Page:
At 10:10 AM 1/12/99 -0000, Samael wrote:
>>Sure, why not? If we OWN property then we can do anything with it
>>that we wish. Either the cow is my property and I can do as I wish,
>>or you (government, mob rule, whatever) give me a list of what I can
>>and can't do with the cow - then it's no longer my property.
>The problem being that lots of people feel that people torturing animals is
>in some way the same as torturing people. In fact, unless you in some way
>see people as not being animals, then it is the same. Admittedly, a society
>that sets itself up as either owners or owned must be definition see huamns
>as 'just plain better', but I have to admit that I'd rather not live in a
>society where people could torture animals in their own home if they felt
IAN: I agree. There's an interesting correlation between serial killers, like Jeffrey Dommer (sp?), and torture of animals, such that a high percentage of the most brutal serial killers first tortured animals, usually when they were kids. They see the similarity between humans and animals, but only in the worst ways imaginable. With this, we can see that the way person x treats animals is a measure of how person x could treat humans. A society that was particularly brutal toward animals would probably be more inclined than the less brutal society to effect various forms of brutality on the human animal.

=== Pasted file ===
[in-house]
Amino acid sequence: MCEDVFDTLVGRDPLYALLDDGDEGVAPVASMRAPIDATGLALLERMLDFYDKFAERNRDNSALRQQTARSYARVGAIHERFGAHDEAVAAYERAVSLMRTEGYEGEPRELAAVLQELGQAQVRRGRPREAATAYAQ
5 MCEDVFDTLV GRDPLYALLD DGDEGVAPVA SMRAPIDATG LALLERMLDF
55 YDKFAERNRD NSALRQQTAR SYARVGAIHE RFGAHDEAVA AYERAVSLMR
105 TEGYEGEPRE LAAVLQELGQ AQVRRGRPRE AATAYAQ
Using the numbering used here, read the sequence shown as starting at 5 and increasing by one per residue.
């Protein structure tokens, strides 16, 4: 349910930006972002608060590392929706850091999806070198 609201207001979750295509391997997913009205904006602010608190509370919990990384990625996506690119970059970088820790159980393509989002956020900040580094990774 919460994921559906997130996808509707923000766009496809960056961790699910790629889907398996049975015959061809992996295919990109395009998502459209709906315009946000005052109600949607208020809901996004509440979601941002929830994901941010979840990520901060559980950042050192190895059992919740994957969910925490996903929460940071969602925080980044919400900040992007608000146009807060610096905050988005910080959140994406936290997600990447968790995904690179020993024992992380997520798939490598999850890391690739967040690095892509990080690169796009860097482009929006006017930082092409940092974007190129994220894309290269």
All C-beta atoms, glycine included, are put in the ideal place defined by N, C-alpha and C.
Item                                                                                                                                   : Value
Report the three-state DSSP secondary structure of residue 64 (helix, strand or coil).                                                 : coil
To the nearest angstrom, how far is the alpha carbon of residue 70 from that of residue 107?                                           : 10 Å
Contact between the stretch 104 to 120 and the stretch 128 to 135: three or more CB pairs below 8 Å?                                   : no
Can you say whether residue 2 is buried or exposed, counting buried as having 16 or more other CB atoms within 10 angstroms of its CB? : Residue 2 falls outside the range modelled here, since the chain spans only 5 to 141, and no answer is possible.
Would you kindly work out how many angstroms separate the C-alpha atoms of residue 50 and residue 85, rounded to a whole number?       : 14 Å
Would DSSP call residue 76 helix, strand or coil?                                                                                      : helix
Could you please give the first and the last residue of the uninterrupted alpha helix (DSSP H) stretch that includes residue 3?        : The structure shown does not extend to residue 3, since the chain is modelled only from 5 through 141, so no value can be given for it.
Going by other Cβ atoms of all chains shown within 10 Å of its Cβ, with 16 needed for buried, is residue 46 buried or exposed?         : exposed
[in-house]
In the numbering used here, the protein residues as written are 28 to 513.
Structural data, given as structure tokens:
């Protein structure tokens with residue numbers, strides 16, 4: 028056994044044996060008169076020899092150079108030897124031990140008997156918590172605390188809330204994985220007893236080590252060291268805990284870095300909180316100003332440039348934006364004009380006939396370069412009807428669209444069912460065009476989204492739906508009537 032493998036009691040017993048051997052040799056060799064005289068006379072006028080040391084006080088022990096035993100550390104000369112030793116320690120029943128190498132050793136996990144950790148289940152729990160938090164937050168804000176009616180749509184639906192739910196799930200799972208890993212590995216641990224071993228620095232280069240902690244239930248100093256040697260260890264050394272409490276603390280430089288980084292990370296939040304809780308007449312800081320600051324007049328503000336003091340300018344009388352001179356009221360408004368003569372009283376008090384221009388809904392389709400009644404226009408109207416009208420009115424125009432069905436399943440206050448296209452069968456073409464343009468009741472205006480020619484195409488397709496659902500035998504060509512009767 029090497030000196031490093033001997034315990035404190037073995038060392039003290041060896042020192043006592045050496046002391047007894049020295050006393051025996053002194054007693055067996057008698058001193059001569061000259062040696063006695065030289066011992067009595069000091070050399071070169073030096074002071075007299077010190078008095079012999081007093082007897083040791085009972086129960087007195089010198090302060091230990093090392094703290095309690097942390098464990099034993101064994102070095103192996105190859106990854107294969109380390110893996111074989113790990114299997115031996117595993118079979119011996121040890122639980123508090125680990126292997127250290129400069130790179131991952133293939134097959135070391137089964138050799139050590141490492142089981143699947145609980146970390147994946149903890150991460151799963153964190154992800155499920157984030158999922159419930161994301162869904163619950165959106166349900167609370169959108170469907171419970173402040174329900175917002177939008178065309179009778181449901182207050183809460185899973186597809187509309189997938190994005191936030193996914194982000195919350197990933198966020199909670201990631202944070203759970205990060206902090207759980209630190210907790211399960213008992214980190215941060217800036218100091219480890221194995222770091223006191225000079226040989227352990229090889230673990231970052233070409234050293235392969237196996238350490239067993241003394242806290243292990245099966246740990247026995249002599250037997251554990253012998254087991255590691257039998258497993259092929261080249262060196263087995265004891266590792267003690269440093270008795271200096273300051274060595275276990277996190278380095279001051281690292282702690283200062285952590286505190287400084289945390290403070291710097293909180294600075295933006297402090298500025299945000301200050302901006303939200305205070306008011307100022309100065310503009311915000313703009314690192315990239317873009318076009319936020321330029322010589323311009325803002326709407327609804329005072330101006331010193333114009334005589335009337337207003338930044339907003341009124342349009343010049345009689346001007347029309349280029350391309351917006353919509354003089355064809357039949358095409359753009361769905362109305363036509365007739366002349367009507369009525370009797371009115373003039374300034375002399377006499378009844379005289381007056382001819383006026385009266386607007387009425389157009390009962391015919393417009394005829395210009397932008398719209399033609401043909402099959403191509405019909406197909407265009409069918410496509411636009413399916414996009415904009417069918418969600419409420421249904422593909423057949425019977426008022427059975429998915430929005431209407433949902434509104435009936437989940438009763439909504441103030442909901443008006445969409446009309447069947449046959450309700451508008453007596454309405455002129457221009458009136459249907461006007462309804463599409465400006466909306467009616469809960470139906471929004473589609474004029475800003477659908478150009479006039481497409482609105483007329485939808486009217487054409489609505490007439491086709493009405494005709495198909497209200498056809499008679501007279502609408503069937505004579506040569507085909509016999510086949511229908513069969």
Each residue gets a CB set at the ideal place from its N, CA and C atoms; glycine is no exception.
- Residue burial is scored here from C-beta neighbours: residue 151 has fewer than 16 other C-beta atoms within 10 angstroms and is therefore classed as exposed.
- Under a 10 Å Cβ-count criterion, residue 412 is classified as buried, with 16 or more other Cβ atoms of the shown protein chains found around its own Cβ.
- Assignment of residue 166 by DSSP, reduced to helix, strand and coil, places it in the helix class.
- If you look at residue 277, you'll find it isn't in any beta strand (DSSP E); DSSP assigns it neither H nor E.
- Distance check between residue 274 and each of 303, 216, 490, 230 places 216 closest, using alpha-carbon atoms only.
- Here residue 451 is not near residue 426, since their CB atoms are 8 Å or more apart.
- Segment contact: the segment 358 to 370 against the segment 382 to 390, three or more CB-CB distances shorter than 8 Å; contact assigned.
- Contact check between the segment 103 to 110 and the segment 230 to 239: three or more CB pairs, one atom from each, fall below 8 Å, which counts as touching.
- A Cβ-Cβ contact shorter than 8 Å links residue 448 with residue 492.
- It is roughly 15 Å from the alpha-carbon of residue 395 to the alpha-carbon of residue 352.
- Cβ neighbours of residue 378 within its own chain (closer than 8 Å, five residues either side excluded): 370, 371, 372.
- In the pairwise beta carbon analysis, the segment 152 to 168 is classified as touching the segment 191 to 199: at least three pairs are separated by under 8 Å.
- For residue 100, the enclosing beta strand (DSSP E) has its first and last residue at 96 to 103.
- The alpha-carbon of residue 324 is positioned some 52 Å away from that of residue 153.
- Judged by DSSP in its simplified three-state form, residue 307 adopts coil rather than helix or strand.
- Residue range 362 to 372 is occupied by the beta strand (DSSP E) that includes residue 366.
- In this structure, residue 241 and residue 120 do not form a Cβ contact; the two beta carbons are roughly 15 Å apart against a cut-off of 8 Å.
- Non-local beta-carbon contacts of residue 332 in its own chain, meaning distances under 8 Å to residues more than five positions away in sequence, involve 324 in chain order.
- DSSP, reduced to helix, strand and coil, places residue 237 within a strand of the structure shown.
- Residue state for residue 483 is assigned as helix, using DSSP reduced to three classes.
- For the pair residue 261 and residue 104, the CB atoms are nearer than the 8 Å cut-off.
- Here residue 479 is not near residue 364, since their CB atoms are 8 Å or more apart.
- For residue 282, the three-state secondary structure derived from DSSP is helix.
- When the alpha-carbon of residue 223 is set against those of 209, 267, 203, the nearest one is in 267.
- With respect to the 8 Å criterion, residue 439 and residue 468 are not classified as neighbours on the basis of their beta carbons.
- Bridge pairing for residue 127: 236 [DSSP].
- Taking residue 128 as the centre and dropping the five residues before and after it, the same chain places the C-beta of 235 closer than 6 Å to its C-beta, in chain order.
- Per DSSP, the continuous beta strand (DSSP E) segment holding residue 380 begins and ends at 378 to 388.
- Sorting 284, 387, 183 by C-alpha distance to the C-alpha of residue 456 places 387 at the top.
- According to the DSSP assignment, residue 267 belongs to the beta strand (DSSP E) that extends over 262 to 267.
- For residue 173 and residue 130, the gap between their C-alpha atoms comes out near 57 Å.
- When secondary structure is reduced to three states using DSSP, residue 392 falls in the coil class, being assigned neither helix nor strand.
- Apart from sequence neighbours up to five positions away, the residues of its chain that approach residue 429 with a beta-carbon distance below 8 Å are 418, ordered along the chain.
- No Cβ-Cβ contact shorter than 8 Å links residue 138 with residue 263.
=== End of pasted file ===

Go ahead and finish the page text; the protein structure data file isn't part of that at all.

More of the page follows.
" [T]he Indian sunya [zero] was destined to become the turning point in a development without which the progress of modern science, or commerce is inconceivable. ... In the history of culture, the invention of zero will always stand out as one of the greatest single achi- evements of the human race." Tobias Dantzig "Number, The Language of Science"